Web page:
Island Press Field Notes blog

Island Press Field Notes

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By Ann Vileisis / On April 6th, 2009

Ever since President Obama took office in January, he's kept his eye on the grand prize of making political discourse more civil. He's held up the ideal that Democrats and Republicans can find common ground and move beyond shrill partisan warring that...

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By Ann Vileisis / On January 14th, 2009

Nowadays when I see bees in my garden, I pay close attention. I have noticed at least four different types. They buzz purposely—so focused on the periwinkle blue flowers of my rosemary hedge. I crouch down to examine their fuzzy bodies and the gorgeous...

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By Ann Vileisis / On December 10th, 2008

At climate talks in Poland last week, delegates considered the issue of farm emissions. Globally farm animals generate 18 percent of greenhouse gasses—that's more than cars, planes, and buses. According to The New York Times (...

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By Ann Vileisis / On December 3rd, 2008

In my recent book Kitchen Literacy, I concluded by urging readers to learn where their food comes from and how it is raised. In developing my own "kitchen literacy," I...

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By Ann Vileisis / On November 26th, 2008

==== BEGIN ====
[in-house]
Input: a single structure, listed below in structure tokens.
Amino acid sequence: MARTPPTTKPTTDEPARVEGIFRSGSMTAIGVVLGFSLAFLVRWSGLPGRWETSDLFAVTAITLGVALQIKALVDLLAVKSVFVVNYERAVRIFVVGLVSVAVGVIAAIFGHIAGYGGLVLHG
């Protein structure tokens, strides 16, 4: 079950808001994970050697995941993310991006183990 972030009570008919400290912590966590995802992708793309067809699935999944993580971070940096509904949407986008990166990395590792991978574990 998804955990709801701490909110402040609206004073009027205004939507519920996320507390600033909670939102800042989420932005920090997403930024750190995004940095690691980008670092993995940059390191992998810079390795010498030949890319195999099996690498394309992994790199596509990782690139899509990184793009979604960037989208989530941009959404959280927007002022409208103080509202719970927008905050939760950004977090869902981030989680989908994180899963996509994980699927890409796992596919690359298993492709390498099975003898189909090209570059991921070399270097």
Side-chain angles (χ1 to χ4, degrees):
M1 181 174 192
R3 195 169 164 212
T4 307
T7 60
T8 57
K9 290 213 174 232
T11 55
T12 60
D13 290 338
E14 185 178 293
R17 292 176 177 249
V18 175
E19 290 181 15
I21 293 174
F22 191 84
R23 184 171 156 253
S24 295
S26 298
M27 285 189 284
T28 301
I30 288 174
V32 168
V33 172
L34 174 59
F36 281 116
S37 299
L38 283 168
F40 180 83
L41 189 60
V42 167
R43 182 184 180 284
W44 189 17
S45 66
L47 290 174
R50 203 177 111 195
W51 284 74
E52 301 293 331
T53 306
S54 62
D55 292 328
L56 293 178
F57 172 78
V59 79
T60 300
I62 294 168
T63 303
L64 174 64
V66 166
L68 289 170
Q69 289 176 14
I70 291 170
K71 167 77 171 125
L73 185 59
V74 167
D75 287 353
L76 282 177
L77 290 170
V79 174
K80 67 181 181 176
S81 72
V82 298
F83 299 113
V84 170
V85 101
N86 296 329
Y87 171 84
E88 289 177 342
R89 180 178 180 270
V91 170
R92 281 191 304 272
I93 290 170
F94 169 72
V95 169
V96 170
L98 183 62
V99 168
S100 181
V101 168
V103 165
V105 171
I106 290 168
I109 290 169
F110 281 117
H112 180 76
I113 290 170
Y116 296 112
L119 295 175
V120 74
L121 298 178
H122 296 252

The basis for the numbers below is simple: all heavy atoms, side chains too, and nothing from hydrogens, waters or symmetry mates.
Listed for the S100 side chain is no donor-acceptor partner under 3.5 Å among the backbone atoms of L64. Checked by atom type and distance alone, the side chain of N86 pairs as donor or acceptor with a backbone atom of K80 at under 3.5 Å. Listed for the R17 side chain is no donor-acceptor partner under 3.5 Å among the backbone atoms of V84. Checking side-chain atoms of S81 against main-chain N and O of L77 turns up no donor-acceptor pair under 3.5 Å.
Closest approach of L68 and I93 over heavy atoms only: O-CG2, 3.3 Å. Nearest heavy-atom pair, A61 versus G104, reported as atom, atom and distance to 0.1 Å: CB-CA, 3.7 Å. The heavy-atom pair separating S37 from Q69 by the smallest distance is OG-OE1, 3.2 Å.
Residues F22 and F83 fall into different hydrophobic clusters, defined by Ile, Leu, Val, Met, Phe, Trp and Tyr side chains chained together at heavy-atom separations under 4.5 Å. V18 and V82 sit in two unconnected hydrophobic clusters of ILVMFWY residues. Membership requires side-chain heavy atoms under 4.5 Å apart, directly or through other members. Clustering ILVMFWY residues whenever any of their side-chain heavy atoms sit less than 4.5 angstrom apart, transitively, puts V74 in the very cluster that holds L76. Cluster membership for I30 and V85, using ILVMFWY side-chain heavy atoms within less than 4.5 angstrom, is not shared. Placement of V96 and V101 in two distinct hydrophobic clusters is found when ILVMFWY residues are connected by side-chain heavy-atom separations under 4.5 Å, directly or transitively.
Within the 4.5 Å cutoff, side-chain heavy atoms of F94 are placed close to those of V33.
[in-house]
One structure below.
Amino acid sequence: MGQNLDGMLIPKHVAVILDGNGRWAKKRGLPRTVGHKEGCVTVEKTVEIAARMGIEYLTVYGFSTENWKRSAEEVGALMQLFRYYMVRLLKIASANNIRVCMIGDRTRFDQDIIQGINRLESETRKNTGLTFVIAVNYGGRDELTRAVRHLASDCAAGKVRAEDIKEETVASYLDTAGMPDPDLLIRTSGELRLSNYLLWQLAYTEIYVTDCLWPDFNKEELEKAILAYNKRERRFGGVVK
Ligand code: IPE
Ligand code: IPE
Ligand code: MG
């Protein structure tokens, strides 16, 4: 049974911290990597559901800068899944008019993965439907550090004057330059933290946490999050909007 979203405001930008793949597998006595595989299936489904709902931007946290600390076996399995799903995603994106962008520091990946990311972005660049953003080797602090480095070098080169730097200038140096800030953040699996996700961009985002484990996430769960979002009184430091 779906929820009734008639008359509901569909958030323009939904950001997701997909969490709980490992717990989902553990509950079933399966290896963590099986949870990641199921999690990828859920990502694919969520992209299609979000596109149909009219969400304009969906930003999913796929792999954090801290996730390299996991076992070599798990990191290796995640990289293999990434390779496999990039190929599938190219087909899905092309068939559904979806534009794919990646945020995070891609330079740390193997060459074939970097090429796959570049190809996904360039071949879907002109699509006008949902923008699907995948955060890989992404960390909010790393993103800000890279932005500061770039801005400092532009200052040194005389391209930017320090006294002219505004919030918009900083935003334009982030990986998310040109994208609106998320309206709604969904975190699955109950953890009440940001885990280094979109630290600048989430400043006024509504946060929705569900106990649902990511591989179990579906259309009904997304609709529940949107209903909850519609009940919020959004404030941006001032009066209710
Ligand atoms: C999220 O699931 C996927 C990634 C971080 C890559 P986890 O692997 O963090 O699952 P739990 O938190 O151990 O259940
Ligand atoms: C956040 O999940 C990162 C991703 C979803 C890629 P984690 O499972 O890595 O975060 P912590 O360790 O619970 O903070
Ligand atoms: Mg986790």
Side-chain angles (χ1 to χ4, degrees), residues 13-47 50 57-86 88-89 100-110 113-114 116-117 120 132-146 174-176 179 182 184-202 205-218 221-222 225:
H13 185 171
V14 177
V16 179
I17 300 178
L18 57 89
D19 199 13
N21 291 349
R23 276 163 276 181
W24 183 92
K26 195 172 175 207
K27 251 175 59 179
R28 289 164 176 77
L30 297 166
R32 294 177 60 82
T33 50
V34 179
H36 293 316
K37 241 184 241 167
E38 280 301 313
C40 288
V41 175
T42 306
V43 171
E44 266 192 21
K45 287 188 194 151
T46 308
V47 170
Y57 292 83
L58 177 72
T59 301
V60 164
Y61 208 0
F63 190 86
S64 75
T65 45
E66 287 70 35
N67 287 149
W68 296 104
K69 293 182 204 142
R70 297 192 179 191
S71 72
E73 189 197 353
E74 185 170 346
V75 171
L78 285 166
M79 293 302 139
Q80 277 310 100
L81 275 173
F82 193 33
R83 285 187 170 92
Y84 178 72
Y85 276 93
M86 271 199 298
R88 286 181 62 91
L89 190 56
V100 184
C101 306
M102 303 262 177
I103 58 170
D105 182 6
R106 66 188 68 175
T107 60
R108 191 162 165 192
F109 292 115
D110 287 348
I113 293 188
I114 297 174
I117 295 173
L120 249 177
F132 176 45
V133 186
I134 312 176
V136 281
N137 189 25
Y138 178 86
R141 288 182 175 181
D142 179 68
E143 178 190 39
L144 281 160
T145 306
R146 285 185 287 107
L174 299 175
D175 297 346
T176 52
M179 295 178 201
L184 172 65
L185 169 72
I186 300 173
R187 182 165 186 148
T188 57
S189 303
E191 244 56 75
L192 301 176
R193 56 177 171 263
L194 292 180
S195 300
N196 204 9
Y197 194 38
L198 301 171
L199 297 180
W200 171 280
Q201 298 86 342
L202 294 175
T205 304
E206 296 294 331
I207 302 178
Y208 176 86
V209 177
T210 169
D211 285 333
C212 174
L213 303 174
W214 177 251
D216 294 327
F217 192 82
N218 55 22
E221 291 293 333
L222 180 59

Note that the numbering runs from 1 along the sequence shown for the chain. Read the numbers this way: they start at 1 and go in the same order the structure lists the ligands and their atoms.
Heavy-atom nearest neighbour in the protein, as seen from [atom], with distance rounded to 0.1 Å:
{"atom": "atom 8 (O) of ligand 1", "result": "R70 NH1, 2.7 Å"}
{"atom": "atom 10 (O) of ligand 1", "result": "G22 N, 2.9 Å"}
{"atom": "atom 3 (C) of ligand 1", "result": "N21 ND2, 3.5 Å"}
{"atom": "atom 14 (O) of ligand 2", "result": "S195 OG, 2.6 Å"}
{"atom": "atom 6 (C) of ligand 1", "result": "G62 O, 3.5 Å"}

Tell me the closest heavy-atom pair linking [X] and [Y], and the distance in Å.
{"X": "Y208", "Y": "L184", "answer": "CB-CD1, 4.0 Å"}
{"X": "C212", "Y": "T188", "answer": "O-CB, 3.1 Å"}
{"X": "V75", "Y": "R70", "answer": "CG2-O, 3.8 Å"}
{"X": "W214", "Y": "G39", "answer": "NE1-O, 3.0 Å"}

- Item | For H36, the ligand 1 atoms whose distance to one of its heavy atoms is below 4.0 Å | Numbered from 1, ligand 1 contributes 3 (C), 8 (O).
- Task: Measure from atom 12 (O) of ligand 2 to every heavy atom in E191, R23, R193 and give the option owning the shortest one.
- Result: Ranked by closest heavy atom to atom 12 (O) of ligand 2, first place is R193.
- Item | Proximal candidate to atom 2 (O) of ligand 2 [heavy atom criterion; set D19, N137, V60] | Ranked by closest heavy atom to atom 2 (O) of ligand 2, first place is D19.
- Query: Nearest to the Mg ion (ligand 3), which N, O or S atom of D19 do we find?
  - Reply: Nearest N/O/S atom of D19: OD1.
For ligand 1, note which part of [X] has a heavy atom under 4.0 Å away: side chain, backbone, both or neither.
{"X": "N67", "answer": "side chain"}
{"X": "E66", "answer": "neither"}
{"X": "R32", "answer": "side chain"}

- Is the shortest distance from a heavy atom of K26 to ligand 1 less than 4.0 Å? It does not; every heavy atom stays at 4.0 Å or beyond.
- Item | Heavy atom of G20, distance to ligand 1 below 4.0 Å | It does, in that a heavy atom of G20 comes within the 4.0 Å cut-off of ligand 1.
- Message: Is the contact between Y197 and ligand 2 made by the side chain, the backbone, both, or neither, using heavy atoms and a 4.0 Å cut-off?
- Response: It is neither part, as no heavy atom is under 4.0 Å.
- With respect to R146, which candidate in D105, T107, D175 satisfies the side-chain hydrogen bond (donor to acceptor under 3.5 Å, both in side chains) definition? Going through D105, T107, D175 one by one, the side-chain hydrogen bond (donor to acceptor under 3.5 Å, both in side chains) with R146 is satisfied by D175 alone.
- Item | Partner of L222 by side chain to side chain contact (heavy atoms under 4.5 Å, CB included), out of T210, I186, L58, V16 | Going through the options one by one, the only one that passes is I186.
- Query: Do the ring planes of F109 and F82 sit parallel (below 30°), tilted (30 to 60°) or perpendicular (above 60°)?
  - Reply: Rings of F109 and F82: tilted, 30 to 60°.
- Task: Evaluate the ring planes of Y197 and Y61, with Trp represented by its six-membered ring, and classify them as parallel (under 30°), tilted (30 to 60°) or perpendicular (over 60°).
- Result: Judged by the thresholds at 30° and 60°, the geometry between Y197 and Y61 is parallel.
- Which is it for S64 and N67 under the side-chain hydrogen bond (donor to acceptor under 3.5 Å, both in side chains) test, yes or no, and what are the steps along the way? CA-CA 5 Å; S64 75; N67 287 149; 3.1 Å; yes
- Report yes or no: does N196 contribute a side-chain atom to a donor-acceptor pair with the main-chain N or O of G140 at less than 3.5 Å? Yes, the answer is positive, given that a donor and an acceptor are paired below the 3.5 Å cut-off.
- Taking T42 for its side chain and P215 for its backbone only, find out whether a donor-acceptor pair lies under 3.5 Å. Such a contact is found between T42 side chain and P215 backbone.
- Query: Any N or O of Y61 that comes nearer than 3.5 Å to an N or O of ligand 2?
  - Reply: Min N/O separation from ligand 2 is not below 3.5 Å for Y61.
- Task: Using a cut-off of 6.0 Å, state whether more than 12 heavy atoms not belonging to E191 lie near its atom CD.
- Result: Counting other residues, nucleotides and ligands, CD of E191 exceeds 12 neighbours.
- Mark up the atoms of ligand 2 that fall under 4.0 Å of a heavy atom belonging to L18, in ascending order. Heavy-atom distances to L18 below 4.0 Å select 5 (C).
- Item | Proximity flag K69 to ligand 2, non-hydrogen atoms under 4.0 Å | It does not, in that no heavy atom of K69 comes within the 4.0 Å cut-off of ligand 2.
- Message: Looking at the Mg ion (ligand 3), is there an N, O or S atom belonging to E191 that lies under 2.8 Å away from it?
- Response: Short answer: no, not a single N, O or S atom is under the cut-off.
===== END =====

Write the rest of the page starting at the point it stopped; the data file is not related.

Of all our national holidays I've always loved Thanksgiving best. Aside from the fun of cooking and eating terrific food together, it's the only national holiday that hasn't degenerated into an entirely commercial affair. In fact, it even seems to...

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By Ann Vileisis / On November 19th, 2008

In the months leading up to the election, food activists (see the video by The White House Organic Farm Project, a.k.a. TheWhoFarm.org below) have been salivating over the...

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By Ann Vileisis / On November 11th, 2008

November 4, 2008 will be best remembered for the historic election of Barack Obama, but it was also a day when Californians voted their gut and their appetite.

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By Gary Paul Nabhan / On October 30th, 2008

When I arrived at the National Agricultural Library just outside Washington D.C. one noon this October, a white-haired man with a commanding presence stood at the security check, impeccably dressed in an elegant...

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By Gary Paul Nabhan / On October 23rd, 2008

As mentioned in last week's post, Renewing America’s Food Traditions (RAFT), of which I am founder, learned that at least seventy of the heirloom apples unique to New England that remain are so infrequently featured in nurseries, farmers markets and...

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By Gary Paul Nabhan / On October 16th, 2008

When the leaves of New England begin to glow with crimsons, purples and golds, many of us remember that it's time for crimson, purple and gold apples to be picked, packed, sequestered in storage sheds, or processed into cider, butter, sauces or pies....

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